I’ve been to a lot of live events and seen and heard some fairly unique things. I’ve been in the front row at Fortune Theatre as a woman in black with a wasted face crept down the aisle towards the stage, I’ve watched a cartoon caricature of Simon Cowell caress his nipples as he begrudgingly introduced Rage Against the Machine to the stage at Finsbury Park and I’ve been part of a bustling chorus of Robot Wars quotes being hurled at Craig Charles while he desperately tried to DJ. Nothing could prepare me for Orchestra of Samples though.
I’d spoken to Addictive TV’s Graham Daniels a few weeks prior and he had certainly sewn the seeds of excitement in my mind, but I’d never really been to a dedicated AV gig before so even having watched live footage and seen the YouTube version of Orchestra of Samples, I still wasn’t entirely sure what to expect. That atmosphere of excited trepidation seemed to be fairly universal when we arrived. I brought another Vulture, none other than Stacey Warner, along with me to see the show (that might not seem like a big deal, but I must emphasise that CV staff very, very rarely actually get to see each other in person, it felt like some kind of coven) and she was equally unsure of what we were about to witness, but the presence of several obscure, archaic looking instruments on the stage alongside the laptops and projector screen only made it all that much more enticing.
In the most direct terms, Orchestra of Samples is a live-mixing AV show which has Addictive TV using an archive of video samples they’ve recorded over the past half-decade all over the world of musicians ranging from singers to sitarists to beatboxers to far more obscure fare like hang players and fundamental, esoteric things like groups of children clapping in time. In a live context, the duo will bring other musicians with them to phase in and out of the show at intervals depending on as and when they’re needed. If your mind is having trouble making sense of all that, don’t worry, mine was too. We got a bit more time to ponder once we got there though, as the night was opened with a short, haunting set by the immensely talented Welsh singer/songwriter Kizzy Crawford. Putting aside for moment the fact that she’s 18 (yes, 18), her constant switching up between English and Welsh, neo-soul, jazz and traditional singing styles, guitar playing and violin playing and inventive pedal-looping made for a fascinating, engrossing performance. Did I mention that she’s 18? When I was 18, I learnt how to make an apple bong, not sing in two languages in the same song.
Once Kizzy (who is fucking 18) was finished and after a bit of a lull, Addictive TV took to the stage and the fun began. Immediately they broke into it and began intermingling clips of singers, guitarists, flutists and whatever else and my brain nearly went into short-circuit. What was this? Was it hip-hop? Folk? IDM? I didn’t know; nobody knew, but it didn’t seem like anyone really cared once thing got going. Bass6 (of Beatbox Collective fame) eventually turned up on stage and added his stylings to the proceedings, accompanied by violinist Shona Mooney. Stacey pointed out that everyone in the crowd was kind of going at their own pace, dancing in different ways, at different speeds, or not at all, it didn’t matter, there was no wrong answer. So many different kinds of instrument and style were being thrown into this ongoing, consistent mix that it was impossible to isolate one particular through line and after a while you just stopped looking and ran with it. At one stage during a distinctly Indian-sounding segment a set of bagpipes suddenly appeared and fit so perfectly that I threw my hands up in elation and yelled some conjunction of ‘WHAT’ and ‘HOW’ that probably sounded like a cow sneezing.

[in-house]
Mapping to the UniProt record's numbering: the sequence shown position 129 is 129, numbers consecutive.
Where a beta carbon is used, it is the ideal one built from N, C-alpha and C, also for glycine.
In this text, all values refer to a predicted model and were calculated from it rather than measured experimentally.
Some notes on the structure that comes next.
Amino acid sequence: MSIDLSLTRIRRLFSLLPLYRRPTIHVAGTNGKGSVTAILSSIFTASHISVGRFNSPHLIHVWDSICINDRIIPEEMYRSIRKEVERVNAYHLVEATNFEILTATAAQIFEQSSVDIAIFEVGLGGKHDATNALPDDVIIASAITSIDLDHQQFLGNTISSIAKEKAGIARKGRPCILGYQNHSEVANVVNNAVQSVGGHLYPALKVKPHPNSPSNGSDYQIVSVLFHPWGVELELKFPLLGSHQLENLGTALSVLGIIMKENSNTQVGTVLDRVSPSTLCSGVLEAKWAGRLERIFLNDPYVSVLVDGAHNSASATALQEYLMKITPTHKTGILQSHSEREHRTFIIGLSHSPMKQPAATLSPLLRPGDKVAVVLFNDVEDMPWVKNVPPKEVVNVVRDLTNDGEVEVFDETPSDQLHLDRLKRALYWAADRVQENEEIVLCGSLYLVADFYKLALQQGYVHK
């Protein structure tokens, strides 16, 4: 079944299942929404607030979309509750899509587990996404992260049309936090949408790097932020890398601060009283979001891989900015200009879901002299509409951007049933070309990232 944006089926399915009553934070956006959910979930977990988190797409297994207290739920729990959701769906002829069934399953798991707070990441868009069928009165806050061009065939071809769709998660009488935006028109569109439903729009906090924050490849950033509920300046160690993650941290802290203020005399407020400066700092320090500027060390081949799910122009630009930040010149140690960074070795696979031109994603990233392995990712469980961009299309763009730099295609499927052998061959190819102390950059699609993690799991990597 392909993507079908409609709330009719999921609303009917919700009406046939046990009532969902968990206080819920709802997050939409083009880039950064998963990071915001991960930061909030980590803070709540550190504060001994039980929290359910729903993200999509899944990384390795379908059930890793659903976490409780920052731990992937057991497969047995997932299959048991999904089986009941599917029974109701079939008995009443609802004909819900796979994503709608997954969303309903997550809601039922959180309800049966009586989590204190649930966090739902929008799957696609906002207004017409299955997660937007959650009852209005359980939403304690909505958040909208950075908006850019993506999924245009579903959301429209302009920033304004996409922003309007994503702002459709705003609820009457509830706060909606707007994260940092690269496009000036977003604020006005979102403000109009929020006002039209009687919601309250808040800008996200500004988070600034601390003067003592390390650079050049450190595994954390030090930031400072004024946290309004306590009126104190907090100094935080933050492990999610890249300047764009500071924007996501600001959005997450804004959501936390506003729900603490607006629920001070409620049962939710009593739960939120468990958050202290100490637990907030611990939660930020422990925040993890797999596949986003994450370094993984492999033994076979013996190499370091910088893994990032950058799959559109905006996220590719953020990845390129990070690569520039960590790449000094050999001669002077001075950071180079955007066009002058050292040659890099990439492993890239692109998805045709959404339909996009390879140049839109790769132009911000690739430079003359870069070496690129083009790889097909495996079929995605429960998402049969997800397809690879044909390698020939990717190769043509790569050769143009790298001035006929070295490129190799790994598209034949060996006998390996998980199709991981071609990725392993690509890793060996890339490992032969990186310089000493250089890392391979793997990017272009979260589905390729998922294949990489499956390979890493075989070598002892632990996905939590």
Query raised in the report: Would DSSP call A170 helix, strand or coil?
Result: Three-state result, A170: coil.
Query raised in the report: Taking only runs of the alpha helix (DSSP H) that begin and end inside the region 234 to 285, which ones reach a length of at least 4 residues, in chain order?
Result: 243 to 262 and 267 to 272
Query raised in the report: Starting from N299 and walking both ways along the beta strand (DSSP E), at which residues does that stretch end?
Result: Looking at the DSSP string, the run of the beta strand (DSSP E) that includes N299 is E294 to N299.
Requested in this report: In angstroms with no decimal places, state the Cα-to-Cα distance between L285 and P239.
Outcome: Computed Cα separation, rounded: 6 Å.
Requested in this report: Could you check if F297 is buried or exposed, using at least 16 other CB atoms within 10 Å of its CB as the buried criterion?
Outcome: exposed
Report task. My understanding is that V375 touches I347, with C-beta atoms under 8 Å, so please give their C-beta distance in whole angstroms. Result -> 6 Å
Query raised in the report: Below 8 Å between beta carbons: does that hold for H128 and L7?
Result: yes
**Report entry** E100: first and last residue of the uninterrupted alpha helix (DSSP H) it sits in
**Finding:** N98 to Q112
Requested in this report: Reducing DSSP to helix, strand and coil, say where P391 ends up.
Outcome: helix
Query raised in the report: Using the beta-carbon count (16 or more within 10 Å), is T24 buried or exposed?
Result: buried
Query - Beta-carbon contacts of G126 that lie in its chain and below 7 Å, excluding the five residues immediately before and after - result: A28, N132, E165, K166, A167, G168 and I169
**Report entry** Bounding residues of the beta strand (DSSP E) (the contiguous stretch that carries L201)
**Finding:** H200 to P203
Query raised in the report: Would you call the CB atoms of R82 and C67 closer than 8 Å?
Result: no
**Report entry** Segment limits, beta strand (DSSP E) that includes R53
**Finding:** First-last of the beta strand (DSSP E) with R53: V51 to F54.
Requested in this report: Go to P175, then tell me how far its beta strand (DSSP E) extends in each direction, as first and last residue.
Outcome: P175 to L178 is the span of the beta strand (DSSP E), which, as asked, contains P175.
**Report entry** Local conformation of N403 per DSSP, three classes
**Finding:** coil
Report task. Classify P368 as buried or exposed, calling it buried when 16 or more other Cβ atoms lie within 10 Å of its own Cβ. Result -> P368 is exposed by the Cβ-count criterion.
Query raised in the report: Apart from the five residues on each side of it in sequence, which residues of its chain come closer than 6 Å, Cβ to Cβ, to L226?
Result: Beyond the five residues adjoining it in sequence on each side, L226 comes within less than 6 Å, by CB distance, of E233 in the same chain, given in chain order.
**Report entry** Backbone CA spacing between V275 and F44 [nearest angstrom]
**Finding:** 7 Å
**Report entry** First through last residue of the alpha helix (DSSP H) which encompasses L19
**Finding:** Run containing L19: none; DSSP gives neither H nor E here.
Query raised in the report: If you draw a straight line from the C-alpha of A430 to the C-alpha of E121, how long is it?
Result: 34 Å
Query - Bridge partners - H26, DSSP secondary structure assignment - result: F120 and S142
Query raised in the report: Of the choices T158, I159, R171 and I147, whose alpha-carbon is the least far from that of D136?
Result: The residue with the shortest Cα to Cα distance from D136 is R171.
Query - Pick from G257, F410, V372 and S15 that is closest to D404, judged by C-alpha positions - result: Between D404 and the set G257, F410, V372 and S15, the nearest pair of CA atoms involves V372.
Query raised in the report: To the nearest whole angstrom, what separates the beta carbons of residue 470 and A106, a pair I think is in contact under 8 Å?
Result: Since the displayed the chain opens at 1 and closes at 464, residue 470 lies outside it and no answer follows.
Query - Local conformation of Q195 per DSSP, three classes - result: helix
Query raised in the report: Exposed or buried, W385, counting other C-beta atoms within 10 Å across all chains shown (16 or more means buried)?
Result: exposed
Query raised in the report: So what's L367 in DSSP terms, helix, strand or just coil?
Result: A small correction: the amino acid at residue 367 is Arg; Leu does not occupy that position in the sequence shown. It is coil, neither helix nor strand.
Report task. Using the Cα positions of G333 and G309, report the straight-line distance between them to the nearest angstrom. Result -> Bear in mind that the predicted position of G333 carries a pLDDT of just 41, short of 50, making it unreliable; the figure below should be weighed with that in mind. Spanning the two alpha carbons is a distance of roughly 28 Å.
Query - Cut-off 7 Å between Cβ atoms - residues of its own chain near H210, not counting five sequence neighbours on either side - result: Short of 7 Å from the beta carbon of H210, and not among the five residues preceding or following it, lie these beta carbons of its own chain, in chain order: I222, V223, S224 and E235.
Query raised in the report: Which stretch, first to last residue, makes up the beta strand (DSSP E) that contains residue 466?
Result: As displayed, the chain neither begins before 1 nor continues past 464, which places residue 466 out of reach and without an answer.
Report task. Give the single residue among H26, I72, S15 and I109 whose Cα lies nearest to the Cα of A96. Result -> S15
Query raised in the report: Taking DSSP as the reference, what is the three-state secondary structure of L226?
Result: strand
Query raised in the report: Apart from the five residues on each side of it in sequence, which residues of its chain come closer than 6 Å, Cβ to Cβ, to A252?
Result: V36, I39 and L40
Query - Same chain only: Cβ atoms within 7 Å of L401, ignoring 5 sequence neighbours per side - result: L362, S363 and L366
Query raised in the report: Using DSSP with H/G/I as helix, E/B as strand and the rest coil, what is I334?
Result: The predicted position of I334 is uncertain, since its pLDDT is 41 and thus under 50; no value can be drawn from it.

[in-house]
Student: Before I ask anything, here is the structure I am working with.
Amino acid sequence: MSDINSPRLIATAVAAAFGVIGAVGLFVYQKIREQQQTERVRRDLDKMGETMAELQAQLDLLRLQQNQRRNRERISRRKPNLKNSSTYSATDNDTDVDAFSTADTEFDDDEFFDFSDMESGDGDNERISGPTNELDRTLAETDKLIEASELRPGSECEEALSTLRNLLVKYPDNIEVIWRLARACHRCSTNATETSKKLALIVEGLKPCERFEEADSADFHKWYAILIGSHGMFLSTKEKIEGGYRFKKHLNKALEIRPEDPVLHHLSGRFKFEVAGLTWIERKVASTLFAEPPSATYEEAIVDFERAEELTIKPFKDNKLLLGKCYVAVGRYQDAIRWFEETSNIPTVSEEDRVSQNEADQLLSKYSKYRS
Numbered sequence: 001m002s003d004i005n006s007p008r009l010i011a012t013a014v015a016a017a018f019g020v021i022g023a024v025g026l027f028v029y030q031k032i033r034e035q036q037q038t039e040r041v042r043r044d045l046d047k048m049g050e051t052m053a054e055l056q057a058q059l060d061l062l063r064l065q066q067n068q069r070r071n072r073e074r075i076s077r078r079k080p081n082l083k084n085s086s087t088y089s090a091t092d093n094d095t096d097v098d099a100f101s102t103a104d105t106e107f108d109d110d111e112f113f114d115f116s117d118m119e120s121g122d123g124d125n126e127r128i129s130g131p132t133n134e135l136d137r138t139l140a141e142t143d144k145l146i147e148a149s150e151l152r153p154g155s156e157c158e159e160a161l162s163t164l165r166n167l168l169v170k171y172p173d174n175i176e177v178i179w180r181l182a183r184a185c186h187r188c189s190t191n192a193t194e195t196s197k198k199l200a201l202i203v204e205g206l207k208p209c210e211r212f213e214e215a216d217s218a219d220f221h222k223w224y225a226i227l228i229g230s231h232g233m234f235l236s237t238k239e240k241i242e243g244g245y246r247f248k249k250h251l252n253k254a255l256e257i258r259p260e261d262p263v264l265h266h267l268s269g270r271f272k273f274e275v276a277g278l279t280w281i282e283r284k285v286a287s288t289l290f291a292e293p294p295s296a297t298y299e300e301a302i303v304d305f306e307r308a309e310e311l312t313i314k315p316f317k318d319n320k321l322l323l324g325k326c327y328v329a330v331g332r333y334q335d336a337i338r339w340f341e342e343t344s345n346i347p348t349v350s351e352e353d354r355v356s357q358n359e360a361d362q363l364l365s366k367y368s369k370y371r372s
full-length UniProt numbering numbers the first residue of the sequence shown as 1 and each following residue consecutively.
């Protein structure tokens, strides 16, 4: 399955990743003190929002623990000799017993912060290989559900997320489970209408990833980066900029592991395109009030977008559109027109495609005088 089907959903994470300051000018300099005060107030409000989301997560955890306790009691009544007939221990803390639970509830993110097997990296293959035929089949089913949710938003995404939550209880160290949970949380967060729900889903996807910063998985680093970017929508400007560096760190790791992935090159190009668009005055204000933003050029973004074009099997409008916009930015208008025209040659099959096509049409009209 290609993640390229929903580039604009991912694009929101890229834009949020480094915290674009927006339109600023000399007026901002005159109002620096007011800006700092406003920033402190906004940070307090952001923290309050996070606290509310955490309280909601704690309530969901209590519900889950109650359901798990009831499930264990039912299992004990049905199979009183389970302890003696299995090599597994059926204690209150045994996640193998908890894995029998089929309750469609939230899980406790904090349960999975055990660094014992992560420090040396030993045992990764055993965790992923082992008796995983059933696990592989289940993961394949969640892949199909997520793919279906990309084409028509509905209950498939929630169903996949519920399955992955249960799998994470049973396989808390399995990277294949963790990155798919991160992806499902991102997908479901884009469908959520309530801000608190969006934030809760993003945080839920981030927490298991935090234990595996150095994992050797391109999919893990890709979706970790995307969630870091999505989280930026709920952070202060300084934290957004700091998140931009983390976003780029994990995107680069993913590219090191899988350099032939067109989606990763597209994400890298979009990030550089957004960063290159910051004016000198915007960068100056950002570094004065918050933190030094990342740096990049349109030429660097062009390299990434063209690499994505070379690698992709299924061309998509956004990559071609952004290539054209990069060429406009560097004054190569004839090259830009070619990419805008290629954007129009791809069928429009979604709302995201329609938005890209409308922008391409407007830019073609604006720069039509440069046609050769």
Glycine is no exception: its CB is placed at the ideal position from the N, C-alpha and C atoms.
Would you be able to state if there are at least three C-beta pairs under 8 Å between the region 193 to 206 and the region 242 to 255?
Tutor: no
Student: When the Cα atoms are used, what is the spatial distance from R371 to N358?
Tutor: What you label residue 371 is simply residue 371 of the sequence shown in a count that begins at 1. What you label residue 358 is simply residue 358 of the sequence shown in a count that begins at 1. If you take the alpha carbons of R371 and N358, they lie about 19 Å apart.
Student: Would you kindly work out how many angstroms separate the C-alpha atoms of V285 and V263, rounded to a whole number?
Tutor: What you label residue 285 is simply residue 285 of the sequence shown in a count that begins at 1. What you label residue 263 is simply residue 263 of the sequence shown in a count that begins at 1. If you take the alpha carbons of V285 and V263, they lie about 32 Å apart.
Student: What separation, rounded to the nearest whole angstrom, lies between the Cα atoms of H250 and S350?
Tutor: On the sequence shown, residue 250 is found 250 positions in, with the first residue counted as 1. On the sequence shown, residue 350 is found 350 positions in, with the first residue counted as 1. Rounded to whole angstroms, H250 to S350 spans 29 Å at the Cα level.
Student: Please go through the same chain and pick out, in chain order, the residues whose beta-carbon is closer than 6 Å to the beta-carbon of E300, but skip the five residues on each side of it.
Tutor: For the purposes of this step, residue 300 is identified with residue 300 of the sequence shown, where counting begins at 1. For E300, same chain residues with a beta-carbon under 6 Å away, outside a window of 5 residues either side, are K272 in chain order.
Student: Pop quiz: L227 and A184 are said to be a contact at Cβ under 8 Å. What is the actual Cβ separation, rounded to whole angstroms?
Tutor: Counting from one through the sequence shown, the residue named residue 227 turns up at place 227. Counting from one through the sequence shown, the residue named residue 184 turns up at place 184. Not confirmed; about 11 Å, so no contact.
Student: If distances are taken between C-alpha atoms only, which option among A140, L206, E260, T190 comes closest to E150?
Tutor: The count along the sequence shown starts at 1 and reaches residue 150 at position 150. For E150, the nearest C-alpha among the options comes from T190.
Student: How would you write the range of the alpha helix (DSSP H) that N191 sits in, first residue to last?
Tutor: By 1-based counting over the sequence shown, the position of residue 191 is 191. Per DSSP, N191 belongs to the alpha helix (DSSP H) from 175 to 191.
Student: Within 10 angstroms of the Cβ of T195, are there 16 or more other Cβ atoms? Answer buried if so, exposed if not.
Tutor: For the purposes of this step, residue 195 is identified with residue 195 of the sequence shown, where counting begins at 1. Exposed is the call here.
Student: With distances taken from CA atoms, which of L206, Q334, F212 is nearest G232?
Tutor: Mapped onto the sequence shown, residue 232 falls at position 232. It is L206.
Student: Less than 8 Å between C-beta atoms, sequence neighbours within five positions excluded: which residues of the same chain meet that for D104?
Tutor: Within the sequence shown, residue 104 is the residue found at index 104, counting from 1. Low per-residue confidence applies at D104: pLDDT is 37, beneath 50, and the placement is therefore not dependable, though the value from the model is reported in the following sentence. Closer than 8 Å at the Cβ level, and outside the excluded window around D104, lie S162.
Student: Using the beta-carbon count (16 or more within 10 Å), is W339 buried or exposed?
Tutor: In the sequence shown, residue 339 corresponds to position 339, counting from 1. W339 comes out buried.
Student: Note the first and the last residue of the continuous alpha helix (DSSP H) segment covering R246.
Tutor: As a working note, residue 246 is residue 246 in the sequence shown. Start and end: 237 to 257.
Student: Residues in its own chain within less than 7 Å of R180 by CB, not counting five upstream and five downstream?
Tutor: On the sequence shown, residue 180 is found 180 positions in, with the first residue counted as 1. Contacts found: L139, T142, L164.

Speaking of cows, Graham and Mark wisely took the time between tracks to provide some context and anecdotes to go along with everything else, at one point showing footage of a cow they’d happened upon in Bhutan that had been contentedly snacking on the marijuana that grew naturally on the rolling hills. It made the whole thing feel a lot more personal and intimate, which given the relative small size of the Rich Mix stage, made a lot of sense. It was around this time that they brought on their third guest, Indian sitarist and percussionist Baluji Shrivastav. He had to be guided to his place on the stage, but once he got there he injected a really potent catalyst into the show. As well as playing the drums and sitar, Shrivastav would periodically break into bouts of traditional Konnakkol vocal percussion, which is stunning enough when you hear it recorded but to see it live was a rare treat, especially given everything else that was going on. Eventually, all three musicians appeared on stage together, and the show rounded out, leaving the audience staggered, satisfied and exhausted.
It really was like witnessing a kind of live history lesson, a glimpse into the very essence of music, it was confusing, exciting and inspiring all at the same time and nobody quite seemed to know how to react to it, half the fun just came from watching the people around you, but again there was no sense of anyone feeling uncomfortable or perturbed, just gloriously befuddled. After Addictive TV were done Howie B hit the stage and clearly reading the room, threw out a rippling, but mellow electronic set that was mobile enough to dance to but not overwhelming, since so much of the crowd was still so bewildered and eager to vocally unfurl everything they’d just absorbed. Addictive TV have hit something very special with Orchestra of Samples; they are appreciators as much as artists, and they’ve found a near-perfect means to communicate that passion.
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